Dave Herring is a photographer, writer, and traveler based in Charlottesville, Virginia. He has been on an extended road trip, exploring one of our nation's greatest public resources— our National Parks. Dave aims to hit six states and seven different National Parks in 40 days. In a three-part series with the Nomadic, Dave will be documenting his adventures. Read below for part one of Dave's journey.
It's five in the morning. Dark outside. Dark inside. I had the alarm quietly set for this exact moment, but I've been awake for nearly an hour, waiting. The recent eastern-to-mountain time zone change didn't help with this morning, either. I got dressed, grabbed my old Filson bag with my camera and a few lenses in it, and headed carefully out the door as not to wake the kids. As I stepped onto the front porch from our old cabin, it was as if I was tackled by the south wind sprinting across the Teton Range, causing me to gasp for air. Being from the southeast, I sometimes forget what a cold morning feels like. I caught my breath, buttoned up my jacket, and placed my bag into the car. It was time to drive to the Snake River Overlook, where Ansel Adams once stood to capture his iconic image of the peaks of Grand Teton National Park.
It was a quiet drive. As a father of small children, it's rare to have quiet and time to myself. The solitude and silence are both exhilarating and terrifying. For months I've been surrounded daily by my family - my beautiful wife and children - as I've worked from home during the quarantine. I'm tempted to turn on the radio to have some company; instead, I embrace my fear of silence. This small victory is one of the many reasons I'm on this journey. I recently left my home in Virginia with my family to take several weeks and drive across this turbulent nation, visiting our National Parks. Franklin D. Roosevelt said, "There is nothing so American as our National Parks," and right now, I need something to bring me a little hope in America, and the hope for the many calamities we're facing as a nation and a world.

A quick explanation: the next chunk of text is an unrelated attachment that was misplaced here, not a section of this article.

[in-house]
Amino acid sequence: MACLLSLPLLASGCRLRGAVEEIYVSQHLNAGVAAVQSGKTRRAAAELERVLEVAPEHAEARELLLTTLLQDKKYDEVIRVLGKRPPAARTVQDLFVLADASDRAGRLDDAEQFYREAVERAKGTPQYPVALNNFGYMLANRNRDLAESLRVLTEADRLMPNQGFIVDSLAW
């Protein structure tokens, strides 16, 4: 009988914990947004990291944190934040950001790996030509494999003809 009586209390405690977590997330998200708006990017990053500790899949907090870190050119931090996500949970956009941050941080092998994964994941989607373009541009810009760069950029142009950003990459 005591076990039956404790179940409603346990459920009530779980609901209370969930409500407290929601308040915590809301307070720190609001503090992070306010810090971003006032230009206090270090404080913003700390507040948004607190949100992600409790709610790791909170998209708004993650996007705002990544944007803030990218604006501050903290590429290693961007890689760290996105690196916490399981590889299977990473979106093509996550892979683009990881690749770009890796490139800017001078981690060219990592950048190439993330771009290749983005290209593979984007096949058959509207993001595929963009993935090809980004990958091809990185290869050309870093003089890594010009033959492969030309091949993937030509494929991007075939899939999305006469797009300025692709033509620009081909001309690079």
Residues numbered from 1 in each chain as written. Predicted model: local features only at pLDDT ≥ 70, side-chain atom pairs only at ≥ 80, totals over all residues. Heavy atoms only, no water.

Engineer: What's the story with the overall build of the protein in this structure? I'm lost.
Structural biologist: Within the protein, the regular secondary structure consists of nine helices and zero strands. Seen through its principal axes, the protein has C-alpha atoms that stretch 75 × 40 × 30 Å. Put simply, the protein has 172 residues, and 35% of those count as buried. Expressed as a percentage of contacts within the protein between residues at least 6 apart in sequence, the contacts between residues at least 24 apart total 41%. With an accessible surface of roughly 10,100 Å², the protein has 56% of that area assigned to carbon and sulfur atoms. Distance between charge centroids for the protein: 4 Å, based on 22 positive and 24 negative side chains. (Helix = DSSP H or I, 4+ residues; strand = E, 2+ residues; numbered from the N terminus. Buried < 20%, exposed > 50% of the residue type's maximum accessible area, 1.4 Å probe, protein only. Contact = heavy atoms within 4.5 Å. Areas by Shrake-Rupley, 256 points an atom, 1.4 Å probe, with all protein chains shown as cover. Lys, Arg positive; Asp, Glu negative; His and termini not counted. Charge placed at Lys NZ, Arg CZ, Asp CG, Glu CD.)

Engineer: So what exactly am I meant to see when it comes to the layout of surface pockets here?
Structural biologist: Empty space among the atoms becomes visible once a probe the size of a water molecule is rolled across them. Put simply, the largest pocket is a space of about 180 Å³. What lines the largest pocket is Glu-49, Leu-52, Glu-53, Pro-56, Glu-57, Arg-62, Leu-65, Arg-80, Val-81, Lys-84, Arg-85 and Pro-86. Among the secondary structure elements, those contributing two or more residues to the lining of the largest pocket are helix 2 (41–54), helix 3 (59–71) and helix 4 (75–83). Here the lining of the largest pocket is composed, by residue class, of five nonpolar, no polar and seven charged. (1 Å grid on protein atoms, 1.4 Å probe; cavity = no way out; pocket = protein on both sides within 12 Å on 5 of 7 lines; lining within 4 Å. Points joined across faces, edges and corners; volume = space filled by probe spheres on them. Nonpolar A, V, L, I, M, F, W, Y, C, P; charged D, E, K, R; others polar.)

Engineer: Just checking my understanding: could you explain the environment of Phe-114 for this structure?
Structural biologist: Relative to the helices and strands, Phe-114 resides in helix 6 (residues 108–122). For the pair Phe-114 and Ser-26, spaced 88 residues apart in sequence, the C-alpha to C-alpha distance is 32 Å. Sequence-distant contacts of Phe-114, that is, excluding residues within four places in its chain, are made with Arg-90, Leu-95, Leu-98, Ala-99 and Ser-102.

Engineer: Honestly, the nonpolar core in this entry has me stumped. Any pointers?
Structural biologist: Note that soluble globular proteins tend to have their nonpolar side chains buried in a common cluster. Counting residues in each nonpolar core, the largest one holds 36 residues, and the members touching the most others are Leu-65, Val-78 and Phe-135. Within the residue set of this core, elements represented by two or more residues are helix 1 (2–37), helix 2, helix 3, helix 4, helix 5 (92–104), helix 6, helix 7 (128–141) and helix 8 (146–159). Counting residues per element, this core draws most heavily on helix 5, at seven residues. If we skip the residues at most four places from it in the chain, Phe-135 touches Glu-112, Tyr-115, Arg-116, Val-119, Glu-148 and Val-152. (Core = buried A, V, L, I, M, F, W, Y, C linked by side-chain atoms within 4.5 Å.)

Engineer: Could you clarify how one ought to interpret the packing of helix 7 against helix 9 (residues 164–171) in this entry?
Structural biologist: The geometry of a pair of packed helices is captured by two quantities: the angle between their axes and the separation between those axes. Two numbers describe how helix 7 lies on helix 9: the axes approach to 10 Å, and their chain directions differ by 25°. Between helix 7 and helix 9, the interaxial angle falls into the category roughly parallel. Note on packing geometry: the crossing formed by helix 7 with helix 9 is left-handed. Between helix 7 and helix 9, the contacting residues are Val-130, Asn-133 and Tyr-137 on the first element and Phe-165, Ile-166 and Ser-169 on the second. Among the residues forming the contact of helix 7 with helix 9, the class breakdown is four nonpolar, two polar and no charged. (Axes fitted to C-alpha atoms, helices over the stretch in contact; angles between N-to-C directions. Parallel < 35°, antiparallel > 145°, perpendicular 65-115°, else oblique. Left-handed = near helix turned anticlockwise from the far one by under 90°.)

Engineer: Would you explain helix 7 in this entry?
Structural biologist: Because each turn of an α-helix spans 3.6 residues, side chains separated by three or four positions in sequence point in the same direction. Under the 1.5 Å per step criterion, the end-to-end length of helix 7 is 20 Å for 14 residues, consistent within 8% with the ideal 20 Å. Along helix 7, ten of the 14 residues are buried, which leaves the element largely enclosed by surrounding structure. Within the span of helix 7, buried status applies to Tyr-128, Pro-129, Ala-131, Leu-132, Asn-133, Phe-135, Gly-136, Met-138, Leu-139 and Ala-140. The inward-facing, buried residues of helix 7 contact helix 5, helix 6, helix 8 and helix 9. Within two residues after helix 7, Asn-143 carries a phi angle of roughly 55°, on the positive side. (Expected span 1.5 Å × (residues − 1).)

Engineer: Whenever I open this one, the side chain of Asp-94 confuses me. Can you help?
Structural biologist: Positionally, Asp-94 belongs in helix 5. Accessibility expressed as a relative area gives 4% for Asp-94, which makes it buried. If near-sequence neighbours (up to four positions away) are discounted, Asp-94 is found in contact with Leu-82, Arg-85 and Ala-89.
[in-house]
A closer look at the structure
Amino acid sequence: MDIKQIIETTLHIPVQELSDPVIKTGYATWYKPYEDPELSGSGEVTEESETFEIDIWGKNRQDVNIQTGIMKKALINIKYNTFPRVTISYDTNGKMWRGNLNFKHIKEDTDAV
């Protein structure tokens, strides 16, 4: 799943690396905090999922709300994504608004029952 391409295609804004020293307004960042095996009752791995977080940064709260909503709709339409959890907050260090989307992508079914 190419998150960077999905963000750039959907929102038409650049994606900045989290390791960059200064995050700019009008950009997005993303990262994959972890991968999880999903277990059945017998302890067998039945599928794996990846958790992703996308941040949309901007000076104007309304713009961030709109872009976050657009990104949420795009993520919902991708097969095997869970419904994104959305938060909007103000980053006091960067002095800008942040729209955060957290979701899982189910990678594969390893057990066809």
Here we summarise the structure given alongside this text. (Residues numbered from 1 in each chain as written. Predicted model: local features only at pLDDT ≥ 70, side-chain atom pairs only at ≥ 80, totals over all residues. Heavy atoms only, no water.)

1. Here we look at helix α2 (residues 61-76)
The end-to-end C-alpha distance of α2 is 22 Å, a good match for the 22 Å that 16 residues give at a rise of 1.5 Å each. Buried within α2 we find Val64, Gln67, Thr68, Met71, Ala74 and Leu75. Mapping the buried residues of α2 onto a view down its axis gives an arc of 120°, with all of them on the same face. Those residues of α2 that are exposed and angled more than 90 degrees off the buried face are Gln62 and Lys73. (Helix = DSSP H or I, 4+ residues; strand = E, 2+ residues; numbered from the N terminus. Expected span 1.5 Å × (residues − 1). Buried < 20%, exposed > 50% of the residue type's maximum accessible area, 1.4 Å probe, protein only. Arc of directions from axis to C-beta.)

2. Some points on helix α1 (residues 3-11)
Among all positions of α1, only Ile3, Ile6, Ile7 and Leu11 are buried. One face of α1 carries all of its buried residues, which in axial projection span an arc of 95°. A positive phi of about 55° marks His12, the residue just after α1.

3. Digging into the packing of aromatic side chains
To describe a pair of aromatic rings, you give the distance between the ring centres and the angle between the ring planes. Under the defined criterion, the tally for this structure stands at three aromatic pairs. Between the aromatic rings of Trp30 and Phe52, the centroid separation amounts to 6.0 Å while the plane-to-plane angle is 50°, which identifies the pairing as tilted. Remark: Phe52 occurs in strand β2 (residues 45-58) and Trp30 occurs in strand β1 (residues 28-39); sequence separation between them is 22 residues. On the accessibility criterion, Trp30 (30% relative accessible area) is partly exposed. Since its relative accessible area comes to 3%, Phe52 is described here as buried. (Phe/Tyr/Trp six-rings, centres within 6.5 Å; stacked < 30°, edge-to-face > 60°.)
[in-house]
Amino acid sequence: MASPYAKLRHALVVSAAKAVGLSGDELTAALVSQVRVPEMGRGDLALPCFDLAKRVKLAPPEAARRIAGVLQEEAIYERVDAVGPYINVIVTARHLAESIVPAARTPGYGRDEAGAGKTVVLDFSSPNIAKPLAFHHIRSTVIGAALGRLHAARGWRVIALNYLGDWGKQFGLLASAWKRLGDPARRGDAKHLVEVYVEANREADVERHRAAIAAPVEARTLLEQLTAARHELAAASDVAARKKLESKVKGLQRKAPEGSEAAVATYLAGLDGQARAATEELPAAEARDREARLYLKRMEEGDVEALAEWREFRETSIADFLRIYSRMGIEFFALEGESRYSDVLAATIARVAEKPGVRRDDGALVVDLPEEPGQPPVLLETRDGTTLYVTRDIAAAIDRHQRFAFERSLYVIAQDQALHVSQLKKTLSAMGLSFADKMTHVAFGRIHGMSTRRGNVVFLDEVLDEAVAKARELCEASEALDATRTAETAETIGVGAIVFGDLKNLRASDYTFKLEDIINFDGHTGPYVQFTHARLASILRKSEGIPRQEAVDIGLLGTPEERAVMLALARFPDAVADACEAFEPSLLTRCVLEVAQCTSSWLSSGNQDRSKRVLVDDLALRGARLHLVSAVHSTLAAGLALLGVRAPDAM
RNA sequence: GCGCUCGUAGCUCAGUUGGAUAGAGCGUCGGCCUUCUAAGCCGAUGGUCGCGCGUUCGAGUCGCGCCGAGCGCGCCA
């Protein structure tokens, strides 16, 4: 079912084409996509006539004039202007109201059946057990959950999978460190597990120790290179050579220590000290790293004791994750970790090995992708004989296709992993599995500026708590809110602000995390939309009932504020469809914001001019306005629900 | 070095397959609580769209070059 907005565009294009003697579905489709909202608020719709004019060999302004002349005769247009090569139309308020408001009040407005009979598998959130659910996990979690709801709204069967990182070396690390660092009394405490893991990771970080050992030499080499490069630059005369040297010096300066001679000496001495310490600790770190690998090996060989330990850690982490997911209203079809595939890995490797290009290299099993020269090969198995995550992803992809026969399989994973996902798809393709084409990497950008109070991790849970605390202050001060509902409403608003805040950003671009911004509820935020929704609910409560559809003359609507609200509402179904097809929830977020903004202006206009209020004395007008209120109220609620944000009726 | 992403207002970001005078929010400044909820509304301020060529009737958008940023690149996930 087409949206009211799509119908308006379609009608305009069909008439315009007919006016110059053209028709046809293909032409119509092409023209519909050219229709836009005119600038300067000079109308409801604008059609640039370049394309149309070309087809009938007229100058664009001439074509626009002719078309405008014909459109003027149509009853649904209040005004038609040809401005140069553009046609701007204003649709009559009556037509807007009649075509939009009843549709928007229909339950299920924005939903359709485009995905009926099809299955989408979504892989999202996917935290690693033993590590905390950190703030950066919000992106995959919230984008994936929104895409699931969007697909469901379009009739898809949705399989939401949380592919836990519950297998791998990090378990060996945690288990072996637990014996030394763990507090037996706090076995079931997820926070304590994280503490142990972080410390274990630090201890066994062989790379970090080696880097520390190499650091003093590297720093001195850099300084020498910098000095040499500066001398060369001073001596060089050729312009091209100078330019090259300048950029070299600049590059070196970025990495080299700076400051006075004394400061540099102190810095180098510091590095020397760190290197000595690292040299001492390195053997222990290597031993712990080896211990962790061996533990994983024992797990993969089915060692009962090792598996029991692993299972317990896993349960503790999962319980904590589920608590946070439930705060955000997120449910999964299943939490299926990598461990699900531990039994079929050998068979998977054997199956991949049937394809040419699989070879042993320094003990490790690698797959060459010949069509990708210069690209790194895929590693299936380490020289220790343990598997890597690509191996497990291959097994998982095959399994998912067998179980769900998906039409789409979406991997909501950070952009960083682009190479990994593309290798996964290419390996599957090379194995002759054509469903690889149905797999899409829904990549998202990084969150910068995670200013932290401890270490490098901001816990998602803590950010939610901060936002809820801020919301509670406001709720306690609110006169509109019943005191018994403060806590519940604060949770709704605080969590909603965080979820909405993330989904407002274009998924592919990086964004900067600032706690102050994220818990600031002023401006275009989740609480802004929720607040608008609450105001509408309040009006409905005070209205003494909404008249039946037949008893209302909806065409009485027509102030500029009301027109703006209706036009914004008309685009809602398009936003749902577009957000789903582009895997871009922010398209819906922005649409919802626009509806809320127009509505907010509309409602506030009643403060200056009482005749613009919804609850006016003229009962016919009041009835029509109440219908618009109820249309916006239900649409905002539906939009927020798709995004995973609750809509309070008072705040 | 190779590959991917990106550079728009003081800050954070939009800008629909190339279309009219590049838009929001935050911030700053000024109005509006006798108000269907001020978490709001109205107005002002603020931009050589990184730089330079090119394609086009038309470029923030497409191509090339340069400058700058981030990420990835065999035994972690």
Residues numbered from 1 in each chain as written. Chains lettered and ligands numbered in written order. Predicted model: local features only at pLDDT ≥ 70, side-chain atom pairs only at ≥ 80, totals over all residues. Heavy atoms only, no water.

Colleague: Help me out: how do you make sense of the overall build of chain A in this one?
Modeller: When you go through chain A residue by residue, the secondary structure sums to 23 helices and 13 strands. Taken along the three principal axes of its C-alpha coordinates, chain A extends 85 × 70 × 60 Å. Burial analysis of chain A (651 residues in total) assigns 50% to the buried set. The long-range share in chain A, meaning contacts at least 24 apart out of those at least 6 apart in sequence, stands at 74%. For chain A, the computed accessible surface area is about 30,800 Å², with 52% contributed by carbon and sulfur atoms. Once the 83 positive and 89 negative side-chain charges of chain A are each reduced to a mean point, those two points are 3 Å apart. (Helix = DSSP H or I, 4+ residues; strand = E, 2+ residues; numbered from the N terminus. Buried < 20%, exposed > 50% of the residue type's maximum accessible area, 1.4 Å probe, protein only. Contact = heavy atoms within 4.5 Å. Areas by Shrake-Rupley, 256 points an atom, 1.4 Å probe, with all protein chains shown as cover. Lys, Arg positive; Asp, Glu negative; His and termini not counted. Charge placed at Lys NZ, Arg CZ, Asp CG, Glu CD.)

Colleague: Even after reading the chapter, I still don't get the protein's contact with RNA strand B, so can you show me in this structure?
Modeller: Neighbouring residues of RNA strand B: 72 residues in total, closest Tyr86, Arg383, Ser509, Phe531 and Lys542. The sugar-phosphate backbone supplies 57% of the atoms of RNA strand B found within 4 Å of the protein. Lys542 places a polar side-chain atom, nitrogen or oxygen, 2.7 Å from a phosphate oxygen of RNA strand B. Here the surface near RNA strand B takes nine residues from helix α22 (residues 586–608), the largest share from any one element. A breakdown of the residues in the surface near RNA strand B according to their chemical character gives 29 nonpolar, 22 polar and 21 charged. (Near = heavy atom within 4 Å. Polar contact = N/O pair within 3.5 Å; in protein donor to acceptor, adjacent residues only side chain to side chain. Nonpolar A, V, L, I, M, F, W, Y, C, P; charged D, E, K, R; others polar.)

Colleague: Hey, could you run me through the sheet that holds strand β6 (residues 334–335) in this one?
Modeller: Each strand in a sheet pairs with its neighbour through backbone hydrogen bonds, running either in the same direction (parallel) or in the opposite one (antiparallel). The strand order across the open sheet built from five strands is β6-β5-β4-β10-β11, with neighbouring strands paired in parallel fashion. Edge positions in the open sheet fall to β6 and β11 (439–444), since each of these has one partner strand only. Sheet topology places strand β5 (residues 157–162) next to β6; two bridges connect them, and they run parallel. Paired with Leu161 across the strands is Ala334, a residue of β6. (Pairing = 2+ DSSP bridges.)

When I arrived at the Snake River Overlook, it was too dark even to see the mountains. I knew I wouldn't be alone this morning. Rarely does a photographer in the National Parks get a spot like the Snake River Overlook to themselves. As I found my spot, I was soon joined by two older men, who set up their tripods on my left and right. After exchanging pleasantries and comparing one another's equipment as photographers often do, we began to discuss how this year has unraveled for each of us. Richard had planned to take his wife to Madagascar for their thirtieth anniversary. They're here, instead. Calvin had a heart condition and spent the entire year at home, this being his first time out all year. But he needed to get out, and he figured he could socially distance in the National Parks. I was supposed to be in Ireland in April and Alberta this fall. But here I am, just grateful to be on the road at all. We took turns sharing life with one another as we were waiting for sunrise to make the majestic peaks glow. First, there was the blue hour, providing us with enough light to begin framing our images in anticipation of dawn, Then suddenly, as if a signal fire had been lit, Grand Teton began to blaze a brilliant orange. All conversation stopped. There was an immediate return to silence. There were only two sounds at that moment: the sound of the wind and the camera shutter's sound.